Film Noir Discussion Part 2 – Historic Hollywood (December 13th, 2015)

Historic Hollywood hosts Lex Michael and Byron Thompson do an an in depth discovery of the masters of film who built Hollywood. In depth biography and filmography of the cinematic masters of the past. Today we’re continuing our talk about Film Noir.

Film Noir is a cinematic term used primarily to describe stylish Hollywood crime dramas, particularly such that emphasize cynical attitudes and sexual motivations. Hollywood’s classical film noir period is generally regarded as extending from the early 1940s to the late 1950s. Film noir of this era is associated with a low-key black-and-white visual style that has roots in German Expressionist cinematography. Many of the prototypical stories and much of the attitude of classic noir derive from the hardboiled school of crime fiction that emerged in the United States during the Great Depression.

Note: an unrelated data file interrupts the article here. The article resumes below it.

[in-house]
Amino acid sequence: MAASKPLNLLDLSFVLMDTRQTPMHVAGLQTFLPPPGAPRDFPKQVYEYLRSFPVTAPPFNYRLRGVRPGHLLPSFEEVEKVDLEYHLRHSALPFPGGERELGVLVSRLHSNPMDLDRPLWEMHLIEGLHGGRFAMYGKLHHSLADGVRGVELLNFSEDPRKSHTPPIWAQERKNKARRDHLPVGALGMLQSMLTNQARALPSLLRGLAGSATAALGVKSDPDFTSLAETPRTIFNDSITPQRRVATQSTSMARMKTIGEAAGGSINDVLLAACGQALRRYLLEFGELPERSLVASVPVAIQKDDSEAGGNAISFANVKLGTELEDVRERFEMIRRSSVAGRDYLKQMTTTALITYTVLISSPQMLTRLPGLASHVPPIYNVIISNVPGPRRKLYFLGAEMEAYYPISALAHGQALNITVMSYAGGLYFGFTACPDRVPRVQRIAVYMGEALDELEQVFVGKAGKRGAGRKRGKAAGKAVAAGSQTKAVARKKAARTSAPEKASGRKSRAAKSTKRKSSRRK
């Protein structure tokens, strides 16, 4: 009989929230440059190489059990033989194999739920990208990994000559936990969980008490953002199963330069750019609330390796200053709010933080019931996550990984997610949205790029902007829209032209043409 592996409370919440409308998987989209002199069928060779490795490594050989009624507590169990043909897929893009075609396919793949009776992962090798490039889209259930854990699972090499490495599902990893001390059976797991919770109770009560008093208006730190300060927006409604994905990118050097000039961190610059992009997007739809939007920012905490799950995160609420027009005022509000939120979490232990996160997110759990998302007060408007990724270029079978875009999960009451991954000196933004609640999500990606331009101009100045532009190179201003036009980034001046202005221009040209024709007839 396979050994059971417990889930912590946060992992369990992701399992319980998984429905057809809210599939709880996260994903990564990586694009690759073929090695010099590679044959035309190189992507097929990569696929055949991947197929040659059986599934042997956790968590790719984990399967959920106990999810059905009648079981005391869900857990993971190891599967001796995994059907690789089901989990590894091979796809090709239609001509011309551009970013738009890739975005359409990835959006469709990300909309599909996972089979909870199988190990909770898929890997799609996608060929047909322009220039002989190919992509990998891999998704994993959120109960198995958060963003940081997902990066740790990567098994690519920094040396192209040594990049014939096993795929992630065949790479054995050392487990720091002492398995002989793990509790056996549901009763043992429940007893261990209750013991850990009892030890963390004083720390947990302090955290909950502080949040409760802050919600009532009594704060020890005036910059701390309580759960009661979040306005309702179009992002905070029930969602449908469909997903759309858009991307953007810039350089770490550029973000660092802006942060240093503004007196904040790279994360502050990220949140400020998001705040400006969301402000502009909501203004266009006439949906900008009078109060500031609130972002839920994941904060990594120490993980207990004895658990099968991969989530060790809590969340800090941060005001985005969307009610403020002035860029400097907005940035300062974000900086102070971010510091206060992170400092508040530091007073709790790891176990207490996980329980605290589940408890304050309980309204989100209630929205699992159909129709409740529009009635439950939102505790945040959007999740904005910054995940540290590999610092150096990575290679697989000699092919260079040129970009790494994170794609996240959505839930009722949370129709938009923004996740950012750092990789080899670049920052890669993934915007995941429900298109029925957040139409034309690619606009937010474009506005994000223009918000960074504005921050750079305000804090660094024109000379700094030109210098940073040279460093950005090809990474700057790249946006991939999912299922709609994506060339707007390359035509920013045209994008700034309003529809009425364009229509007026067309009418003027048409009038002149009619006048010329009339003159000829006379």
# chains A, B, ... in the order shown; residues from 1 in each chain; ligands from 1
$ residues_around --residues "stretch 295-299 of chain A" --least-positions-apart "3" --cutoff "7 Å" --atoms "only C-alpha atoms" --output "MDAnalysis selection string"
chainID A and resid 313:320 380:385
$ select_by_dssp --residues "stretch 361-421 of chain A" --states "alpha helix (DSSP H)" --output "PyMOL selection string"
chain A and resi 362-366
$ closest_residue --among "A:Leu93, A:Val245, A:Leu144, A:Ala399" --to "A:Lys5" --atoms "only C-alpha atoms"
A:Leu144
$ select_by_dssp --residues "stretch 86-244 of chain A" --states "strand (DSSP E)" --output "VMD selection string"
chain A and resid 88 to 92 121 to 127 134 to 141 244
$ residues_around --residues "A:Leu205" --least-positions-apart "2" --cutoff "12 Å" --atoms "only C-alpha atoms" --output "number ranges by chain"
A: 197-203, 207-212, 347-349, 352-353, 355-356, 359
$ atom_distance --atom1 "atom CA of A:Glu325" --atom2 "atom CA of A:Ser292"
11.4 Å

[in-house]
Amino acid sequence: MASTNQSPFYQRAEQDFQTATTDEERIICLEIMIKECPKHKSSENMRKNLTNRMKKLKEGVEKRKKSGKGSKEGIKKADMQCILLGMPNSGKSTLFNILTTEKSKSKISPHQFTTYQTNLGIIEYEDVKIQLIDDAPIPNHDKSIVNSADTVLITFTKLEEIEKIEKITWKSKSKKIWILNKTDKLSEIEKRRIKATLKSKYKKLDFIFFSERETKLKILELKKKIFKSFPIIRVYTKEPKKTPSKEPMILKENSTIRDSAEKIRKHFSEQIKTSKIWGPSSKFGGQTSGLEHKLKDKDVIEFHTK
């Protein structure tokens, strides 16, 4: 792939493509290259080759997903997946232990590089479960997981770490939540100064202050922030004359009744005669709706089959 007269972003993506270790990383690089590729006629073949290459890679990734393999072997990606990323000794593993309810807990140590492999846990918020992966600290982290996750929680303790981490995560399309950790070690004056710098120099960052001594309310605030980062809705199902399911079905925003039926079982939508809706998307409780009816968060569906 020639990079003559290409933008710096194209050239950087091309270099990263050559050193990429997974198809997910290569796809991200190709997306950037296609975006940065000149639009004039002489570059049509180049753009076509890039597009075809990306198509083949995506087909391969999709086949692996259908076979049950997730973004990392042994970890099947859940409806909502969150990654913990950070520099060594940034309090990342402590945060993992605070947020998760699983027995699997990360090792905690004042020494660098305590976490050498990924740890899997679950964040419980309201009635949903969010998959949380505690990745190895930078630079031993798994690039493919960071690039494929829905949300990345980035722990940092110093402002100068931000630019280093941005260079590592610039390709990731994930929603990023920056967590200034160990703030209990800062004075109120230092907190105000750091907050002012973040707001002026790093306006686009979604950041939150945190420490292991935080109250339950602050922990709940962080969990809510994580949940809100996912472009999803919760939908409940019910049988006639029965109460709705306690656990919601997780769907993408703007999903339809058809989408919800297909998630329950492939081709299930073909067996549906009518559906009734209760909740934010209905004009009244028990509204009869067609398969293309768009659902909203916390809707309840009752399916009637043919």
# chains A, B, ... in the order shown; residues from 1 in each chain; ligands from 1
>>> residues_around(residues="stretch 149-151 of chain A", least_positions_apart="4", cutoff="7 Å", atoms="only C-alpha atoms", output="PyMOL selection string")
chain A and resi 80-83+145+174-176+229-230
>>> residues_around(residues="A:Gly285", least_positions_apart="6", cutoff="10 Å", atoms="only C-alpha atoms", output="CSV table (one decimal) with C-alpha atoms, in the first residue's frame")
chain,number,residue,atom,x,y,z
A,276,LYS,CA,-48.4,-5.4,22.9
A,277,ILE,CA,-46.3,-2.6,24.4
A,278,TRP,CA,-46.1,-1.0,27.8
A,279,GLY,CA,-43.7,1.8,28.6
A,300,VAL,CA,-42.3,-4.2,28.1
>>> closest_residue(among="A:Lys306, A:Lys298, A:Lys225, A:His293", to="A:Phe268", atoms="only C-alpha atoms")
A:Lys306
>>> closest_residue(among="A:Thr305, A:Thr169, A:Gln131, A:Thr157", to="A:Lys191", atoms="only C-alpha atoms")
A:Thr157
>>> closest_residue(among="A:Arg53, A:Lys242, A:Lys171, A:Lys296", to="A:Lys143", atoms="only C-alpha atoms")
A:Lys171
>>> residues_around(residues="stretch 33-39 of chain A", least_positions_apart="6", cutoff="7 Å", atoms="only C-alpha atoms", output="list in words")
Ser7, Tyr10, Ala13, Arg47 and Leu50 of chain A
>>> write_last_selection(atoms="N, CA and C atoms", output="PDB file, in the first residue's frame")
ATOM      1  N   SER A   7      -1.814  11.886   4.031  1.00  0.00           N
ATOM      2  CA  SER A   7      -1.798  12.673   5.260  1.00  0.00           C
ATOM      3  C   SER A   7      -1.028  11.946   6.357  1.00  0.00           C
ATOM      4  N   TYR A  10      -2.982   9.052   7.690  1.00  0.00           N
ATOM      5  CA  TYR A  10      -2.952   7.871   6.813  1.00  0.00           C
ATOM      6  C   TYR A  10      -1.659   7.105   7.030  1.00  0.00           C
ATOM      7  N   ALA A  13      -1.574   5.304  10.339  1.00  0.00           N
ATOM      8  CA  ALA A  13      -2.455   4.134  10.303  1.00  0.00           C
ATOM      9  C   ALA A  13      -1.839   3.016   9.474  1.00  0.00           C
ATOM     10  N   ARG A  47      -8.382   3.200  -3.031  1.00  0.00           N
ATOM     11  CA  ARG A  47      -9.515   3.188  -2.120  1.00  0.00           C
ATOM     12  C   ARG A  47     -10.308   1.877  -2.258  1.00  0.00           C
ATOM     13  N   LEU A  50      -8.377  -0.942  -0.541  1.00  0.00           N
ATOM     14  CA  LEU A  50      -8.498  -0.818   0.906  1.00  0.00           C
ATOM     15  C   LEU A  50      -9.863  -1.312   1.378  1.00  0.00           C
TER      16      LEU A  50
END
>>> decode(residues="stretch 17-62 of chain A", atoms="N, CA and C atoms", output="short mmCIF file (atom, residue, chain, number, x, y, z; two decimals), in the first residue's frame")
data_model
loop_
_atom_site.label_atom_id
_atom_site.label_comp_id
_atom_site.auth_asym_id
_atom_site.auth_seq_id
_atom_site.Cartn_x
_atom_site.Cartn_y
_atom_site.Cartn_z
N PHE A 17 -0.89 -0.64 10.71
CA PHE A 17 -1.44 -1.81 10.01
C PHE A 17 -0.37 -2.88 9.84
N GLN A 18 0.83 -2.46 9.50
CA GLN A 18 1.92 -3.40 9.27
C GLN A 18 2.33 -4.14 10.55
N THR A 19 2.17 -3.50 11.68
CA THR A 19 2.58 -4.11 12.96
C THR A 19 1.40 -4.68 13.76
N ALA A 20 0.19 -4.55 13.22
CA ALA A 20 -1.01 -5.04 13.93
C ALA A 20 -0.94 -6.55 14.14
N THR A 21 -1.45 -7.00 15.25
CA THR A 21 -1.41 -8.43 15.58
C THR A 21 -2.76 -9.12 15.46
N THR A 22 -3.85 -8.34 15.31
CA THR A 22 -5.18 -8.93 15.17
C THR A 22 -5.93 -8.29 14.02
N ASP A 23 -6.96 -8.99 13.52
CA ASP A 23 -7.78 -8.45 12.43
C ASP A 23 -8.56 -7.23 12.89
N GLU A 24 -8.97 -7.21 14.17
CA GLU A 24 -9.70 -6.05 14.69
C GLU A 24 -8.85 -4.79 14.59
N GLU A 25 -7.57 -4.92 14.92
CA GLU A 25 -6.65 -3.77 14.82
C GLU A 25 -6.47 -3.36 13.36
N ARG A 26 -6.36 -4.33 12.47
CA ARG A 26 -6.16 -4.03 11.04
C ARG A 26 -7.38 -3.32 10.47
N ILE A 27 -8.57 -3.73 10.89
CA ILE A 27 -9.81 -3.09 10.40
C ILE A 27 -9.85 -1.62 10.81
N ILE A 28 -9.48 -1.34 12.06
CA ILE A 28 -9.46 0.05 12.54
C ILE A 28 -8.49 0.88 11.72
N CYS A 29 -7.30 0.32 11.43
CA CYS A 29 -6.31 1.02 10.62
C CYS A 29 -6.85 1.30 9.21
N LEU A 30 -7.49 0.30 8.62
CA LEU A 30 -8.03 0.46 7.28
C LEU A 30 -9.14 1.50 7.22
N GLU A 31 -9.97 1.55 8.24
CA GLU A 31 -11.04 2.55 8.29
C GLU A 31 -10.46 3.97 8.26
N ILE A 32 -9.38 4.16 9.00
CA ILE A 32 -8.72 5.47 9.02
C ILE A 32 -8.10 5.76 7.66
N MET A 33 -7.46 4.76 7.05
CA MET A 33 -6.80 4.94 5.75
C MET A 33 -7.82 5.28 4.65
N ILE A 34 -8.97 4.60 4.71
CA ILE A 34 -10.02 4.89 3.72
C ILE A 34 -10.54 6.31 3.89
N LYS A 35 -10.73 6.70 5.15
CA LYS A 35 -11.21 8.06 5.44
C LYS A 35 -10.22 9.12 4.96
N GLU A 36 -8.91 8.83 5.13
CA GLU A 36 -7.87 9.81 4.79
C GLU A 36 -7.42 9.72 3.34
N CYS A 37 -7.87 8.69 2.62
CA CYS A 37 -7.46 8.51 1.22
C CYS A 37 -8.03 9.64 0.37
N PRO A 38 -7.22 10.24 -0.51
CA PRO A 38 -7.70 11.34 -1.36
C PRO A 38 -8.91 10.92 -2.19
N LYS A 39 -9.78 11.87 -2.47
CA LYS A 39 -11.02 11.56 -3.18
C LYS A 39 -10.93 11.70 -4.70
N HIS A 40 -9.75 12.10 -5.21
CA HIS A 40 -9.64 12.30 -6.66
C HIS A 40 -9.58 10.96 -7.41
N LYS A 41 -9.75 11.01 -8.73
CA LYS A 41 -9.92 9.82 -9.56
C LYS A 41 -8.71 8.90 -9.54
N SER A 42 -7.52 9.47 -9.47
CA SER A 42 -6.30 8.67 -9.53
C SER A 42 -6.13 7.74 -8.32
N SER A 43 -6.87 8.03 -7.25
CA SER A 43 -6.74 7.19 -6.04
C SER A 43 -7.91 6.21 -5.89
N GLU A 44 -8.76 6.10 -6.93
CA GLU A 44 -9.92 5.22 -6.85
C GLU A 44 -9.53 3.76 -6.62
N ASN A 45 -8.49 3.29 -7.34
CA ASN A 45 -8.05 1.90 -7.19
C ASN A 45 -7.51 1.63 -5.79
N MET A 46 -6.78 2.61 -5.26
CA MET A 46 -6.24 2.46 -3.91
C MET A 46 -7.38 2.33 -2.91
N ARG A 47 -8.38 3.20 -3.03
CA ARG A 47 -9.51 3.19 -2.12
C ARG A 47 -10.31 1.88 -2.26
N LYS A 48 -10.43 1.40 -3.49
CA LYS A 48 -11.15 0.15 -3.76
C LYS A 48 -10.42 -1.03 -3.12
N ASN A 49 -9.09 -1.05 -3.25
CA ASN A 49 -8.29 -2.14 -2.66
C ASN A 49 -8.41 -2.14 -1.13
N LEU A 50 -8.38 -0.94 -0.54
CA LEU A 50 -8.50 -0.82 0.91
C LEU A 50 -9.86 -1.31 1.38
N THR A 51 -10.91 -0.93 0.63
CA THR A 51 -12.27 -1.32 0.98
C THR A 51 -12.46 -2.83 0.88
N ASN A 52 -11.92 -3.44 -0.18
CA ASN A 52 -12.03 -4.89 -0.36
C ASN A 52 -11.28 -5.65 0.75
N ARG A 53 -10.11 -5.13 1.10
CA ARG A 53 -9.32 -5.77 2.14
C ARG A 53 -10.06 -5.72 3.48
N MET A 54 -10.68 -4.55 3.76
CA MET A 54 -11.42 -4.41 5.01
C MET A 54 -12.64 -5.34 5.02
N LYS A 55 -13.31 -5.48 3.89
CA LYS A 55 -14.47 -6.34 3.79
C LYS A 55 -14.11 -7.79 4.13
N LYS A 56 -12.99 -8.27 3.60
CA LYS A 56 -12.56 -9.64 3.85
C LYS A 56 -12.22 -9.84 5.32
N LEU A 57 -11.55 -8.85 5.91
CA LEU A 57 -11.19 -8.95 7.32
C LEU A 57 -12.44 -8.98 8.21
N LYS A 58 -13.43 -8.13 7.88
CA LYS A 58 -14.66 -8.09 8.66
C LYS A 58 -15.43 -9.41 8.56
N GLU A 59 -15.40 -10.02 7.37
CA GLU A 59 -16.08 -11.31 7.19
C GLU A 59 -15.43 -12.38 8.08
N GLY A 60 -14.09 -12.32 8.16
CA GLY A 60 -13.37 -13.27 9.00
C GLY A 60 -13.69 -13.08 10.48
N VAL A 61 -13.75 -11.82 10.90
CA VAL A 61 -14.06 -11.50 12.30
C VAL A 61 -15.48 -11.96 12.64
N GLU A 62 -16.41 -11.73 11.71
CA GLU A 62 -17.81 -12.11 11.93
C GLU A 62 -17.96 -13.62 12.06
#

The term film noir, French for “black film”, first applied to Hollywood films by French critic Nino Frank in 1946, was unrecognized by most American film industry professionals of that era. Cinema historians and critics defined the category retrospectively. Before the notion was widely adopted in the 1970s, many of the classic films noirs were referred to as melodramas. Whether film noir qualifies as a distinct genre is a matter of ongoing debate among scholars.

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  1. André Raymond
    December 14, 2015

    Another great show. "The Long Goodbye" (Altman), "In The Electric Mists" (Tavernier), "DOA" (Morton-Jankael) and "The Usual Suspects" (Singer) You could go on for six hours without exhausting the subject. Have a happy holliday.

  2. Jeffrey Grimm
    December 14, 2015

    More NOIR please. "Dead Men Don''t Wear Plaid", while not a noir itself, is a great way to see all those great moments presented in a clever way. …and the list goes on. 
    A film you didn't mention that seems to fit the neo-noir mold is "Hollywoodland"

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